The world today is, in many ways, unrecognisable from the world we inhabited only weeks ago. In an astonishingly short span of time, many of us have been cut off from our loved ones, and perhaps even lost people we care about.
I imagine what this crisis would be like if it had happened 20, or even just 10 years ago. Not only would our public health officials not have the data and communication technology we are relying on for up to-date information and effective public health policy, the isolation we must uphold now would be even more unbearable for us all, and for some it would be devastating. While serious digital exclusion persists and must be addressed, many individuals, families and organisations have almost instantaneously invented new ways to keep life going as best we can using technology. We are meeting for team coffees, having pizza birthday parties with family, and joining pub quizzes with friends, finding online resources to help with home schooling – all virtually. It is evidence of human compassion and persistence in the face of challenge.
As digital technology becomes even more central to our lives and work, there is an even greater imperative for us to design and manage it with care. There is a risk that in the face of crisis we will eschew certain standards and our responsibility to create and use technology for the greater good, not just now but in the longer term as well.
When we return from the crisis, we will be returning to a world that uses more technology, not less. That means that the ethical challenges that existed before the pandemic will be accelerated unless we have laid the groundwork and equipped ourselves to make better decisions.
For this reason, our Digital Ethics framework, introduced here, is even more timely. In it, we describe the drivers for addressing Digital Ethics. We also introduce the 7 categories of technology-driven ethical impacts that organisations can use as a lens to help them identify risks and establish their own principles and strategies.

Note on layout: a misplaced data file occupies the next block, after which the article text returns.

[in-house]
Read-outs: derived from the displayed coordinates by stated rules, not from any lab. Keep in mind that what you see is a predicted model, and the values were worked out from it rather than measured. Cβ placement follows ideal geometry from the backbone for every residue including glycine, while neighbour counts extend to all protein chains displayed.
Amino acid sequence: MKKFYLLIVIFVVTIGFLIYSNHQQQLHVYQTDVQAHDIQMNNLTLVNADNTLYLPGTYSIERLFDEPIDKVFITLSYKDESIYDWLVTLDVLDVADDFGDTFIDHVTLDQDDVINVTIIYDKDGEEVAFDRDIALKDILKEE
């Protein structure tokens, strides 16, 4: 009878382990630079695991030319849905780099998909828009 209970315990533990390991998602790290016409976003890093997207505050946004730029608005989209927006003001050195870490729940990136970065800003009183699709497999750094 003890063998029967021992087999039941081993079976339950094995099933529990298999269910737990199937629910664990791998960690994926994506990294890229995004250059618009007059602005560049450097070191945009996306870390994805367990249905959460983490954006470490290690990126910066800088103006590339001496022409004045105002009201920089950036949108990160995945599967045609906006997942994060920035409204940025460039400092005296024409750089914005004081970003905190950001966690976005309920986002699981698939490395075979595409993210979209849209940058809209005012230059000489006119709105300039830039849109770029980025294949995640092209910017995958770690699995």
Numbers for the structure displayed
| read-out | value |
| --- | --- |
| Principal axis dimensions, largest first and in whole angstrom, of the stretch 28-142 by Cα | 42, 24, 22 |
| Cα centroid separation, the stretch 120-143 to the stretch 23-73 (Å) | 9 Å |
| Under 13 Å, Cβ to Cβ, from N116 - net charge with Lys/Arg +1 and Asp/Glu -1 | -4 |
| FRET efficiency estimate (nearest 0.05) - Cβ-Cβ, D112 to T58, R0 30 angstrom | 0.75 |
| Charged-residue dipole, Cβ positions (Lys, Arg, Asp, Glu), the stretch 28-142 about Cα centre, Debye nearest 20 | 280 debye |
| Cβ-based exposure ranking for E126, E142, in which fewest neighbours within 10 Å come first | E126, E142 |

What we’re experiencing today will have ramifications for all 7 categories, and organisations must be prepared to start addressing the challenge. Some questions that leaders can ask themselves to help shape their organisation’s principles include:
- How are we using technology now where we weren’t using it before? Which of these ways do we want to keep and why?
- Have we been as transparent as we would wish to be in normal circumstances (e.g. about data collected, decision-making)?
- Have we done enough to protect privacy in all the new initiatives?
- Have we ensured fair access to services, and checked for unintended discrimination or bias?
- What can we do now to re-skill or up-skill our workforce and avoid redundancies while continuing to modernise?
- What are we doing to protect our people from social isolation?
- How can we use our resources and capabilities to address social issues now and in the future?
While Digital Ethics is a complex area, there are things we can all do now, using the information and experiences we have as a result of the crisis to support our decision making. And in the end, some things we knew to be true before the pandemic will remain: organisations that demonstrate sustainable and ethical principles do better than those that do not.
At Sopra Steria, we want to use technology as a force for good, contributing to a positive future and improving people’s lives.
Read our New Whitepaper
Learn about our approach to Digital Ethics and how we work with our clients to place ethics at the heart of their change programmes, in our latest whitepaper ‘Digital Ethics: breaking down complexity to enable practical action.’